#1 Find out how your customers are currently using their mobile devices.
    #2 If your FI has mobile banking, use it yourself so you can see the service’s weaknesses and strengths. If you don’t have it, think of how you currently use your device and what functionality you’d like to have.

    I think Christine hit the nail on the head. Most FIs are at the mercy of their vendor. It’s important that your vendor of choice be looking ahead in what this channel will offer. Mobile payments are now a reality here in the US. Google Wallet is live and I can even see which businesses I can use the service at. Further competition will come from Apple’s future release.

    You can no longer offer a mobile channel made up of different pieces (account summary app, RDC app, information app, payments app). Integration of all these features will be key going forward.

  7. Mike Garelik says:

    I’d love to know about any plans to combine your Mint functionality with your phone-based micromerchant POS solution. Seems like a good match.

  8. Jody Farmer says:

    Much like web self service in 1998-2002, supporting mobile won’t provide a lasting advantage, but failure to support mobile will create customer dissat and burden other channels.

    So mobile banking and payments are becoming “tickets to entry” for FIs. The “win” is in mobile is marketing /acquisition and loss mitigation. Love to hear ideas on those two.

  9. Lori Reeves says:

    We are only just beginning…Current strategy is more about getting in the game, looking forward to ideas (and justification) for moving beyond the basics.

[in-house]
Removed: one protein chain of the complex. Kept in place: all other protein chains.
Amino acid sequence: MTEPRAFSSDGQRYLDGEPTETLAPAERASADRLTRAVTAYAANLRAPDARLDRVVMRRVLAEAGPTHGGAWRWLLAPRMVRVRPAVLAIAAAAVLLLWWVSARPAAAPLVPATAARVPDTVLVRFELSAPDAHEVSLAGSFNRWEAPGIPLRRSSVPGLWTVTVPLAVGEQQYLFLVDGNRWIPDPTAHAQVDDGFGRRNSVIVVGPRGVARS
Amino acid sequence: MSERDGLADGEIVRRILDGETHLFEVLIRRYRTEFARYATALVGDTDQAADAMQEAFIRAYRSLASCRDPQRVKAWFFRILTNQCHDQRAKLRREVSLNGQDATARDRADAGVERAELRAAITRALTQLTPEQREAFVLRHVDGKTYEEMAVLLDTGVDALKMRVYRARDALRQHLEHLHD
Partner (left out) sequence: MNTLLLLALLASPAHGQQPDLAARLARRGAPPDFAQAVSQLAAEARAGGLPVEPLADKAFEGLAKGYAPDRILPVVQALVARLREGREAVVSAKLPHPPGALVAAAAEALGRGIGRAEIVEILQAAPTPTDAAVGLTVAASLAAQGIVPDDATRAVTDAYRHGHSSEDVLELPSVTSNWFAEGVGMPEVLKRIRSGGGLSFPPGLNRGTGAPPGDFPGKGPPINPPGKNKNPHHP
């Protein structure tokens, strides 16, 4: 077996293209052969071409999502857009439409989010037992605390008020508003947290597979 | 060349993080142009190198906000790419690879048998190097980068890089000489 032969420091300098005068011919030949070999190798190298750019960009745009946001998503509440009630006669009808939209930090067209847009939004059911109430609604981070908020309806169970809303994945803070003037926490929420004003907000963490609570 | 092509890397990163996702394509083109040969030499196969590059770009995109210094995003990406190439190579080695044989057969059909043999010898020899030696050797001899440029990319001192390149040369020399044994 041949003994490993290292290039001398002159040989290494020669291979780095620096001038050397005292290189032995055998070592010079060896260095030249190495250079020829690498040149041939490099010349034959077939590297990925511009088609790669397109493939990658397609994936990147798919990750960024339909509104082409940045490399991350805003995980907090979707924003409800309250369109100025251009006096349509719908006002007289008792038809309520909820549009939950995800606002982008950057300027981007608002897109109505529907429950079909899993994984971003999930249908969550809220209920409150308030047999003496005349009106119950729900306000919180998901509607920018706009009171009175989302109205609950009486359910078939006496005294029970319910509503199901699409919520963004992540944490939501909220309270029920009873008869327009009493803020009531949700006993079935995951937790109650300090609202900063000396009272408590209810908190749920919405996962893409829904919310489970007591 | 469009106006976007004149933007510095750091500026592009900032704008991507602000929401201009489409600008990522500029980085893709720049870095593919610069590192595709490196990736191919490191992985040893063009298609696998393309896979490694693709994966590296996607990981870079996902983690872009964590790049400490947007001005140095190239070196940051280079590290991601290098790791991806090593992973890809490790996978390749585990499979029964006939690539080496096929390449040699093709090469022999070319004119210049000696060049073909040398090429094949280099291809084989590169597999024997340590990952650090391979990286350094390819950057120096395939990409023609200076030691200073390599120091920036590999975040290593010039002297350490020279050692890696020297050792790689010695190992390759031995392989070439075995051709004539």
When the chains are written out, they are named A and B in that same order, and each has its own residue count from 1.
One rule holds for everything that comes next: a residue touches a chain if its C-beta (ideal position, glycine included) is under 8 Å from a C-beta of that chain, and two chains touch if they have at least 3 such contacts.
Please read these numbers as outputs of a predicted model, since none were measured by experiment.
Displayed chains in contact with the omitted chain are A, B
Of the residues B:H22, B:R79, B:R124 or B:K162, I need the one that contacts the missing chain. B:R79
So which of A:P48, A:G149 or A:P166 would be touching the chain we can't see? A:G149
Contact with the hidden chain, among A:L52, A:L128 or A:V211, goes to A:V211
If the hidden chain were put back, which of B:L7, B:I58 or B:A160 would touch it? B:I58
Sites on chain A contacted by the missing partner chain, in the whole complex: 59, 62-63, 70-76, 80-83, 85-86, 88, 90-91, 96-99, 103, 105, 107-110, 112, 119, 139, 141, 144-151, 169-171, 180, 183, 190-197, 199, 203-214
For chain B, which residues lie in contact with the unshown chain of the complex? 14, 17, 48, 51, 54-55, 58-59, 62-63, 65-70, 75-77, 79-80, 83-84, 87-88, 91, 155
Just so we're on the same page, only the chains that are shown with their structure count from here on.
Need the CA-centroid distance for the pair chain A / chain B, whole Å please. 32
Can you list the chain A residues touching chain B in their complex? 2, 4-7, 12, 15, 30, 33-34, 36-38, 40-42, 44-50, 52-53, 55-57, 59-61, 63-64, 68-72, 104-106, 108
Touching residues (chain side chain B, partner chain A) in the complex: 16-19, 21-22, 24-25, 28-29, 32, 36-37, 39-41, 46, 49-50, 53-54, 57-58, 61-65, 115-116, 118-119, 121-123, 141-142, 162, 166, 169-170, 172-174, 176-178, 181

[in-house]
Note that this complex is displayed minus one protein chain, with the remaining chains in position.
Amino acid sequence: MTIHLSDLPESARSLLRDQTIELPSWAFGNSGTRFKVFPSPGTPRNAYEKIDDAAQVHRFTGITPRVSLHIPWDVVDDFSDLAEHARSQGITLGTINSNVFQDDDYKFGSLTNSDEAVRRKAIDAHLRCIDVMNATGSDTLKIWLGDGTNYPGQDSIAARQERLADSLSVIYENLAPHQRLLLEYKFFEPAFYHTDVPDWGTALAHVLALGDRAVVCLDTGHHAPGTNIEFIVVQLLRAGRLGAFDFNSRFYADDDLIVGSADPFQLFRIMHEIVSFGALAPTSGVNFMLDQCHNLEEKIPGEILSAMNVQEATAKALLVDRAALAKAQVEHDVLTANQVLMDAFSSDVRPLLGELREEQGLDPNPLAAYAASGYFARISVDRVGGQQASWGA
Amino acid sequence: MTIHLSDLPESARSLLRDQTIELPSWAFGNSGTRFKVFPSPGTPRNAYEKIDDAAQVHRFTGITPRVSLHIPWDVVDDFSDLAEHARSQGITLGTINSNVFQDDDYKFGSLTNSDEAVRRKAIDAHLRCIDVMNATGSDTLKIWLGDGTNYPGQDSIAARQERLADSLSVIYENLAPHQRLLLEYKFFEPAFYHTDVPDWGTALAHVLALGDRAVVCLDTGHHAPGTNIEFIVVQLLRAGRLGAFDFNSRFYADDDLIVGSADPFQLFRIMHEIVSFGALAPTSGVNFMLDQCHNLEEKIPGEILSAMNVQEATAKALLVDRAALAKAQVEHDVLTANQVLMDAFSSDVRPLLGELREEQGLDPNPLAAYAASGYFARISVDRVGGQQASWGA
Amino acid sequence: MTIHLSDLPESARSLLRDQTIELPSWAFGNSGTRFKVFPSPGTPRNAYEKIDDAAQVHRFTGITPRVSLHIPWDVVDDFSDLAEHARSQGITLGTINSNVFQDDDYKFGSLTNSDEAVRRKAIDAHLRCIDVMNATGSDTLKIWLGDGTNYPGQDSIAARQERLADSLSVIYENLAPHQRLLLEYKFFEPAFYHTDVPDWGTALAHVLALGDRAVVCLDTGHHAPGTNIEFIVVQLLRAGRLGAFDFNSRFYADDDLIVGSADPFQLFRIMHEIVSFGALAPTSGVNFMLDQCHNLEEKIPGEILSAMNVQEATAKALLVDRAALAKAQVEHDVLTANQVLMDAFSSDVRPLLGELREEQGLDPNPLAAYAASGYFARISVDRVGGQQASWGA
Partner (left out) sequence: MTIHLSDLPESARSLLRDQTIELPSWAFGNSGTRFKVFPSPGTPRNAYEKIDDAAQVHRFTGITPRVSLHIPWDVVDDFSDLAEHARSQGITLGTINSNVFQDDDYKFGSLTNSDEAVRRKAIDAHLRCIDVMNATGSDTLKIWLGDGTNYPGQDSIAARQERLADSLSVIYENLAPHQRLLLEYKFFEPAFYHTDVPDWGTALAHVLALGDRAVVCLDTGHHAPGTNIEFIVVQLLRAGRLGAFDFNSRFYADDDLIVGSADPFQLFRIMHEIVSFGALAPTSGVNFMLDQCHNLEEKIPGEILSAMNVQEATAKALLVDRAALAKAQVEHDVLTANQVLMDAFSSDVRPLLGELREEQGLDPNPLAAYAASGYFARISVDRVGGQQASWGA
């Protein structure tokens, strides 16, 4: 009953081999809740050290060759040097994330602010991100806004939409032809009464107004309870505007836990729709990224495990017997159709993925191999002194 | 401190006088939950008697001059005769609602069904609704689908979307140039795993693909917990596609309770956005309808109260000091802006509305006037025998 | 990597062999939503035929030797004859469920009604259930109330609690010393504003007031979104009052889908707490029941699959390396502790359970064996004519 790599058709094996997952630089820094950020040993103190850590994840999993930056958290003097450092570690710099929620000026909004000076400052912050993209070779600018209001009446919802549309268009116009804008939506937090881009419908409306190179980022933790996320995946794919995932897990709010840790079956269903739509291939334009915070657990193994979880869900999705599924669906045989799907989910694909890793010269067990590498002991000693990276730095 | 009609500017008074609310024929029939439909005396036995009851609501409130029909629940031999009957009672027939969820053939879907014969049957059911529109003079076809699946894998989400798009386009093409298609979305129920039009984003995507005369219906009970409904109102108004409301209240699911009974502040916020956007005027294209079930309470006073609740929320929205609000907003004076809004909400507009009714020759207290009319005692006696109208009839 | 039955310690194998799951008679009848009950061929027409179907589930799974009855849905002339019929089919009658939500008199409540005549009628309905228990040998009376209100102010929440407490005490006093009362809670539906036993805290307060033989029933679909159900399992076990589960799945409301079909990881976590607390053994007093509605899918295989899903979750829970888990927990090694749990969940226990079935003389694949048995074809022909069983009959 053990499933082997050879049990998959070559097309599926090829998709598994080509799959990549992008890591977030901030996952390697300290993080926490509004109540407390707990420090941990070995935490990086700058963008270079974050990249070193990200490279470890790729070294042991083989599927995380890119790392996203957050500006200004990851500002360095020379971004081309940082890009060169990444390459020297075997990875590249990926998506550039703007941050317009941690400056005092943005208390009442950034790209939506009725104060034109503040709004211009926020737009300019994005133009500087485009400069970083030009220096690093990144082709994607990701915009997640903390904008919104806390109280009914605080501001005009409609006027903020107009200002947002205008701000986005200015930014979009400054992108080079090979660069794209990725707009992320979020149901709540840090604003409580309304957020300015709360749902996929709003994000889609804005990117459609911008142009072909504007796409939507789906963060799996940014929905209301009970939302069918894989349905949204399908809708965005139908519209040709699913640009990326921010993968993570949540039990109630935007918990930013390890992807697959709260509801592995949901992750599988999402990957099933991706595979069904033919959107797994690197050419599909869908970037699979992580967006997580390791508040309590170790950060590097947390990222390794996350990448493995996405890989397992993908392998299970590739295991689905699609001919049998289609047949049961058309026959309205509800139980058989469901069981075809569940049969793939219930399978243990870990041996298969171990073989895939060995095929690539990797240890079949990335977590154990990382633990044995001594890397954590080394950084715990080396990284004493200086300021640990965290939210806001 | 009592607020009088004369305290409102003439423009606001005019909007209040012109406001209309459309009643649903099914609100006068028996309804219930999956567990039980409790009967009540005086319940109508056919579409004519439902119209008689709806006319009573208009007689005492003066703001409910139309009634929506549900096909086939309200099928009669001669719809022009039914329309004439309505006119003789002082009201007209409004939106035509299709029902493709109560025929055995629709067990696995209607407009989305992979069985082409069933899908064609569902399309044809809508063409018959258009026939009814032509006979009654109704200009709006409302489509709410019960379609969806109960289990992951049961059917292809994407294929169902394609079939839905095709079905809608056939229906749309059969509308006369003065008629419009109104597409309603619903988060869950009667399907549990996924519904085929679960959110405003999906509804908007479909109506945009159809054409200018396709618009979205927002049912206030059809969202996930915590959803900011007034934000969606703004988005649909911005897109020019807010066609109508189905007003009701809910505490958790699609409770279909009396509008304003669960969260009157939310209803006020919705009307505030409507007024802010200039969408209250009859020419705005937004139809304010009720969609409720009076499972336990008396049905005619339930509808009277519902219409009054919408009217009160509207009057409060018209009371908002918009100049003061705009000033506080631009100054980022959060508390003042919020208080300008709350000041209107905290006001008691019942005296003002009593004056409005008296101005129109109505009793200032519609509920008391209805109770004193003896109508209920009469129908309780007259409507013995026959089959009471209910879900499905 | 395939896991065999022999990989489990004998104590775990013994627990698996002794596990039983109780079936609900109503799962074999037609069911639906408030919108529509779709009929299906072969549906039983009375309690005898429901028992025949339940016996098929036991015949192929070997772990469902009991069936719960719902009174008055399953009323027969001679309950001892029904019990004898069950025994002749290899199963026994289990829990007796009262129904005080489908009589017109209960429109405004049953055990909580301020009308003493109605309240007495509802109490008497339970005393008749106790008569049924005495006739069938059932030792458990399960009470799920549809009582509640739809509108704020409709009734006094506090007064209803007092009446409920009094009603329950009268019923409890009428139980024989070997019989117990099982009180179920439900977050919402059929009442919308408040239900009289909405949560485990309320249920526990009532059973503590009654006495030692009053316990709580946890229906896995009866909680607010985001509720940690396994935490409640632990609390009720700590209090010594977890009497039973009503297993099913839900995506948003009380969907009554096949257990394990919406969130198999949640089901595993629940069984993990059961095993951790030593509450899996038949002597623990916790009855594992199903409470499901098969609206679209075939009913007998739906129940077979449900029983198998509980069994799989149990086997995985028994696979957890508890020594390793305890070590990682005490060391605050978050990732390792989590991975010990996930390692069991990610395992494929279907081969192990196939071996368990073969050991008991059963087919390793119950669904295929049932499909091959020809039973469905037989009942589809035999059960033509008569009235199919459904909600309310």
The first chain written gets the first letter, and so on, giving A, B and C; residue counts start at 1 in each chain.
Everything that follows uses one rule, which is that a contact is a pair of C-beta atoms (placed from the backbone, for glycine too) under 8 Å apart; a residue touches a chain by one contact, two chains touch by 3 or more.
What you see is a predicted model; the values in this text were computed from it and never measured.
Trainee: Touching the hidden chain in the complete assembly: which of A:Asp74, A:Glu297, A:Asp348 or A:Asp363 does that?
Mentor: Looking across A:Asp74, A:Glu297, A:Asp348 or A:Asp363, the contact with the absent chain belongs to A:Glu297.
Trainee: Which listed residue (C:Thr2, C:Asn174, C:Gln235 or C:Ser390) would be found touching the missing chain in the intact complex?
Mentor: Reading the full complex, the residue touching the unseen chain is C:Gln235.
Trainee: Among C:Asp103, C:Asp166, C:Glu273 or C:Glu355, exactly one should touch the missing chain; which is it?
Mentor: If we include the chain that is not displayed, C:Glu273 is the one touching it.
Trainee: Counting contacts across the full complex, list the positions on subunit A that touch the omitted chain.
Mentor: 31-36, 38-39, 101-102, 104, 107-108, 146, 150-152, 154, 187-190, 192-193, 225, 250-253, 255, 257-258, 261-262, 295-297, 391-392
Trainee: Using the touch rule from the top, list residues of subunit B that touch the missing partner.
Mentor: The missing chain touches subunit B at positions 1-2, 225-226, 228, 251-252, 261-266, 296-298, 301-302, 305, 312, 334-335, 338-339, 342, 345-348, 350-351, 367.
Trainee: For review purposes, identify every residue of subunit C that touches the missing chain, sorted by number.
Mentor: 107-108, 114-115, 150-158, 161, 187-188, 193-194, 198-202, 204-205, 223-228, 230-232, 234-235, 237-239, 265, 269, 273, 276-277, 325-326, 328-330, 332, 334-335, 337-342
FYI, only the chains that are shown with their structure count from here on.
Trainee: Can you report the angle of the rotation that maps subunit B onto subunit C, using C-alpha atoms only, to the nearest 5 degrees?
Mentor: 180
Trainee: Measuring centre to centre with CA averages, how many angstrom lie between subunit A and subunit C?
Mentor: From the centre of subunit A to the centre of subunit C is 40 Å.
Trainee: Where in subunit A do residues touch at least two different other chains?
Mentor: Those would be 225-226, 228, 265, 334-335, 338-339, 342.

10. Ashley Miller says:

    Apps are a hot ‘button’ right now. What platforms are institutions choosing to deploy (iPhone, Android, Blackberry, Tablet, Windows)? Are there any platform types institutions can afford to exclude?

  11. Ron Sheklin says:

    Check out this fresh mobile banking adoption data from my colleague, Jen Canfield, at Compete:
    http://blog.compete.com/2011/06/01/consumers-weigh-in-on-the-digital-wallet/

    Looking forward to meeting you all down at the show!

  12. Doug Heil says:

    The ever-expanding capabilities of mobile banking is mind blowing, and I look forward to learning more about what is on the horizon.

  13. Max Juarez says:

    I’m looking forward to learning more about mobile P2P and wallet. Sounds like it’s going to be a great conference; I can’t wait.

  14. It will interesting to see what regulations may crop up to protect the consumer from the New Consumer Protection Agency as institutions begin getting creative to genrate new fees for the added convenience.

  15. I am looking for ideas on how to improve mobile banking for my customers.

  16. Lauri Young says:

    Interested in learning how others are planning on addressing several issues:

    Customer security concerns
    Advertising/promotion plans
    Social media usage to promote mobile banking
    P2P mobile payments (not exactly the same thing but related)

  17. Patricia says:

    I’m just getting back into mobile application development, after a few years absence,from a customer product standpoint and I’m anxious to get back up to speed on today’s mobile infrastructure. I’ve got a lot to learn and looking forward to picking a lot of this up at the conference. Our bank offers a very basic mobile banking app today to our customers but we we’re working to push out a lot of new functionality over the next year. A big concern for some of us non-tech types is security, privacy, and potential for fraud.

  18. Sarah says:

    I have heard great things about this summit. I look forward to learning more about the native app vs the growth of the mobile optimized pages. So many variations to consider and with each one, resrources to continually update.